Fashion parodies are all rage right now: from sweatshirts to hats to bags, there is no shortage of designers poking fun at other designers. (Think: the Homiès sweatshirt featuring a play on the iconic Hermès logo and font) And understandably so; these parody designs run for a fraction of the cost of the real thing, and fit right into the current streetwear trend. But just how many of these designs are legal? And what, exactly, is the potential problem with these parodies?
Trademark law helps provide an answer…specifically, the concepts of consumer confusion, dilution, and parody.
Trademark law aims to protect both trademark owners and consumers through granting a trademark owner the “exclusive right to use a trademark when use of the mark by another would be likely to cause consumer confusion as to the source or origin of goods.” This “consumer confusion” acts as the basis for a traditional trademark infringement claim, in which it must be proven that “(1) [there is] a valid and legally protectable mark; (2) [the plaintiff] owns the mark; and (3) the defendant’s use of the mark to identify goods or services causes a likelihood of confusion.” Without all of these elements, the plaintiff will be unable to prevail on a likelihood of confusion claim.
However, even if all these elements are present, trademark case law has carved out a defense to infringement in the form of parody. In order to have a parody under trademark law, the seemingly infringing article must be two things at once: it must both be making a statement about the thing which it is copying, and, in turn, must also be viewed as humorous by the consumer. In addition, under current case law, an article that it being sold for profit (dubbed a “commercial use”) bears less chance of being considered a parody, and therefore increases the chances of a finding of infringement.
But consumer confusion is not the only avenue on which to make a trademark infringement claim; there is also the concept of “trademark dilution”, which may be able to afford relief. Dilution is the “lessening of the capacity of a famous mark to identify and distinguish goods or services, regardless of the presence or absence of competition between the owner of the famous mark and other parties or of likelihood of confusion.” Under current trademark law, there are two types of dilution: (1) dilution by blurring, and (2) dilution by tarnishment. Blurring is “using an identical or virtually identical mark on goods or services that may be completely different and unrelated to the plaintiff’s product/service,” which results in the trademark not being able to act as a strong source identifier. An example of blurring would be if a household cleaning product entered the market bearing the name “Diet Coke”; while there is no confusion on the part of the consumer (thus there is not the traditional consumer confusion trademark infringement analysis, as discussed earlier), this new product would threaten to reduce the ability to indicate the source of the good by calling to mind now two products instead of just one. Tarnishment, on the other hand, is “[w]eakening the distinctiveness of a famous mark, usually through inappropriate or unflattering associations”. The problem, again, is not that the consumer is confused; instead, it is that the consumer now associates the mark with something unsavory, thereby potentially damaging the reputation of the mark owner.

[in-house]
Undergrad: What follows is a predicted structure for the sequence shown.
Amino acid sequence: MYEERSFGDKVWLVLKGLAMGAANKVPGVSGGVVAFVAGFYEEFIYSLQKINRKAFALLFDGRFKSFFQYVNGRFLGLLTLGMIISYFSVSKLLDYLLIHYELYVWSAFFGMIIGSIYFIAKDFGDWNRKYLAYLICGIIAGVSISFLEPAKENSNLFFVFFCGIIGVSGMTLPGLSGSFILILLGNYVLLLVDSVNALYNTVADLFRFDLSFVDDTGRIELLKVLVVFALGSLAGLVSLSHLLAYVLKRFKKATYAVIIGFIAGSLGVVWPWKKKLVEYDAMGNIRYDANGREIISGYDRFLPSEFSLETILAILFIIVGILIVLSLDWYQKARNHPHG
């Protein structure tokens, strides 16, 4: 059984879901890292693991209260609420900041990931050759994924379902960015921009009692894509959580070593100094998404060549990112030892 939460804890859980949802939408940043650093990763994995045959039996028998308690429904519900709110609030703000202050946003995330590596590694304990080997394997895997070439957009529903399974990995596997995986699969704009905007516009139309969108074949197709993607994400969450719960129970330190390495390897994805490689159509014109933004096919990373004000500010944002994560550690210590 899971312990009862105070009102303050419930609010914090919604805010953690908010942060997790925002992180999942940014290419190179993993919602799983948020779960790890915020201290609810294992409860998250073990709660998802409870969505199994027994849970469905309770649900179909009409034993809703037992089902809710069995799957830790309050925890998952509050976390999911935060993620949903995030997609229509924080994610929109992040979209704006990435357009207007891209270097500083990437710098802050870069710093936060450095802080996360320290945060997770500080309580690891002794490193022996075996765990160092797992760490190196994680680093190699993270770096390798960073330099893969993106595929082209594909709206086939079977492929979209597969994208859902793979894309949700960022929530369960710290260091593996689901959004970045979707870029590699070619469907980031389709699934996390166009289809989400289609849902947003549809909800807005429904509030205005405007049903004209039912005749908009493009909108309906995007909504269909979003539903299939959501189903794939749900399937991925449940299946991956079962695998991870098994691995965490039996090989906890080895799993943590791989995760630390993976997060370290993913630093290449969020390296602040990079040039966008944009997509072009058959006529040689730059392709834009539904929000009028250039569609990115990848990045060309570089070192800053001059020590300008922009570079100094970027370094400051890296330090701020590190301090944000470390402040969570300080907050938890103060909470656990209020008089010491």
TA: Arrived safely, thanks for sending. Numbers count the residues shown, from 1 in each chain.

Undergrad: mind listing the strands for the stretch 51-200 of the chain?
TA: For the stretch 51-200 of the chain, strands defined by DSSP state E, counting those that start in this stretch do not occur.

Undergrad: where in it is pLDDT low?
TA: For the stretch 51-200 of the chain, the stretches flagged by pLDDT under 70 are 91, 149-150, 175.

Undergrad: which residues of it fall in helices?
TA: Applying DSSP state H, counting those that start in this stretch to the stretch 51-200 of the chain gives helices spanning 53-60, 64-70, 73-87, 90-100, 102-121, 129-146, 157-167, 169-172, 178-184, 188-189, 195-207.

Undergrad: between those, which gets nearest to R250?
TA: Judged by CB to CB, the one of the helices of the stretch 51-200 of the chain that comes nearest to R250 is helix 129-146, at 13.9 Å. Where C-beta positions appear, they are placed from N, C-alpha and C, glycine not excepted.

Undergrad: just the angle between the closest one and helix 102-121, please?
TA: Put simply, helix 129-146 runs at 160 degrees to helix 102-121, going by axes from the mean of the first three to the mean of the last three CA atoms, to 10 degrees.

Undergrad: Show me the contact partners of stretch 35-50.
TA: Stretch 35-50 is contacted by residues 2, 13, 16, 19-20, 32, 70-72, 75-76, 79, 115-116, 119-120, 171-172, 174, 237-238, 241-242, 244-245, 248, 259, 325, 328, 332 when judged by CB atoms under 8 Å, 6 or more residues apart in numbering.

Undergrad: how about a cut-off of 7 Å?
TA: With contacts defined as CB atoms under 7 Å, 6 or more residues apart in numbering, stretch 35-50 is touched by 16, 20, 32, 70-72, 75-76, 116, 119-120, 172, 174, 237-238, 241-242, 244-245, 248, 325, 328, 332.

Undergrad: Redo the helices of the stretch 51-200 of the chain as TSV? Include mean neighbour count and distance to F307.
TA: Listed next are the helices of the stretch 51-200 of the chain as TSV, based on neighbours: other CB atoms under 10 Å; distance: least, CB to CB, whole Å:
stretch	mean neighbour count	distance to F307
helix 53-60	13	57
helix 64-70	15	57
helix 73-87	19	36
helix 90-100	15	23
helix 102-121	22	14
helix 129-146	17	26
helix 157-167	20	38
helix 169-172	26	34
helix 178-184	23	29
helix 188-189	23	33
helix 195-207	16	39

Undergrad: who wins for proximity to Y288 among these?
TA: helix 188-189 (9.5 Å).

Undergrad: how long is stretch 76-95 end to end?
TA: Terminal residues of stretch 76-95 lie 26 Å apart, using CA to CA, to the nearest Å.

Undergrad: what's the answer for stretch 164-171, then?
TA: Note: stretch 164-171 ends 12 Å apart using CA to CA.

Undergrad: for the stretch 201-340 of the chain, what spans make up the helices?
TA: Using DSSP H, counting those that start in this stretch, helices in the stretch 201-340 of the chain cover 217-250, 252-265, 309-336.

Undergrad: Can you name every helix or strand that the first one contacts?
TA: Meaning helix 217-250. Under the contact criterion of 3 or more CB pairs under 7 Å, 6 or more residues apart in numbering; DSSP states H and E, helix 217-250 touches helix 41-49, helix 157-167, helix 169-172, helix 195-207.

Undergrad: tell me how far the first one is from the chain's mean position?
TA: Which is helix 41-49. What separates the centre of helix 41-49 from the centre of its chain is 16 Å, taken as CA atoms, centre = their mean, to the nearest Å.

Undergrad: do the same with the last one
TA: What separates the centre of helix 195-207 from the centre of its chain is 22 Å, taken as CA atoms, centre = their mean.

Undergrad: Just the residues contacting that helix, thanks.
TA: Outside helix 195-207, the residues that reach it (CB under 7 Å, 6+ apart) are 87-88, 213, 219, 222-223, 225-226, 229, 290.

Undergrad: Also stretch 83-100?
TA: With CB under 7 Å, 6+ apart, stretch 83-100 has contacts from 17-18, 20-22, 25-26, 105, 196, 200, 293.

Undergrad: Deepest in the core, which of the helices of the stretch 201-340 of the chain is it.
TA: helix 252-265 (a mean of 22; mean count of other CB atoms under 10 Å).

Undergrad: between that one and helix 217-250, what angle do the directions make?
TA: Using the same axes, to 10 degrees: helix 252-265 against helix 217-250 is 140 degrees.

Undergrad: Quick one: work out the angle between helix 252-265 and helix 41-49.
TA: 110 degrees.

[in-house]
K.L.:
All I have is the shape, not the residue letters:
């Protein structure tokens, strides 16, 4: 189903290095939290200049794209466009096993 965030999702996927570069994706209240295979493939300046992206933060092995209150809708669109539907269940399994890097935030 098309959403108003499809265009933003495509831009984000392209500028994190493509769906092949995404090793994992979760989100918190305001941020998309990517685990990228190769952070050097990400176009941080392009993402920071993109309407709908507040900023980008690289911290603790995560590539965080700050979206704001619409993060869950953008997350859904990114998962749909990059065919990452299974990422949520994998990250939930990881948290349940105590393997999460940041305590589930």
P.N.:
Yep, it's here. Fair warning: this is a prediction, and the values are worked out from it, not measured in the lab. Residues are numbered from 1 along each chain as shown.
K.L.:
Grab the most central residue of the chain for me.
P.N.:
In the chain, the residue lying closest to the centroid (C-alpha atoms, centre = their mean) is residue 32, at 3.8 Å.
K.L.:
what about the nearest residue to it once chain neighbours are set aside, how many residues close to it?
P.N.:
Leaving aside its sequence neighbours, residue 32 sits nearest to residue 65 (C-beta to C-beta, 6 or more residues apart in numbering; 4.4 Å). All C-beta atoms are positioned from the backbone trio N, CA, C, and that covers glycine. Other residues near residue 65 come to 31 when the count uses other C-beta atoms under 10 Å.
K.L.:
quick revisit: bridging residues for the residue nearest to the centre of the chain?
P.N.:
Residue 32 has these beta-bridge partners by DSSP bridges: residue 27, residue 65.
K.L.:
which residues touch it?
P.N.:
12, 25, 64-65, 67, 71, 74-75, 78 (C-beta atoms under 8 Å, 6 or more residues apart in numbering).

But as with consumer confusion, even if dilution is present in a given situation, parody can act as a defense.
Fashion parodies present a problem because they “remix” well-known designer’s logos with new (and sometimes offensive) messages. The consumer may not necessarily be confused about the source of the designs, but the mention of the brand name or viewing of the logo now calls to mind multiple associations, thereby decreasing the mark holder’s value in the market. And because these parody designers are (most likely) turning a profit for their articles, this pushes against a finding of their designs being a true parody as the law would define it.
For the most part, designers have been fairly receptive to parodies; some of them even ordering the potentially infringing parody designs for themselves. (However, companies outside the fashion industry – most notably pharmaceutical companies – have not been so keen on parody designs.) So while it seems that yes, technically speaking, these parody designs should be a trademark infringement issue, the current culture in fashion has decided to embrace this injection of humor rather than rebel against it. Only time will tell whether this semi-amicable relationship will continue, though, and it will be interesting to see how things stand this time next year.
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Shane Keaney currently works as an infographic designer for Column Five in New York City. He discovered graphic design in high school and has been interested ever since. In addition to infographics, he has experience with print design, branding, graphic illustration, and copy writing. To view more of his work, check out his website, skdesignlog.blogspot.com, and www.behance.net/ShaneK.
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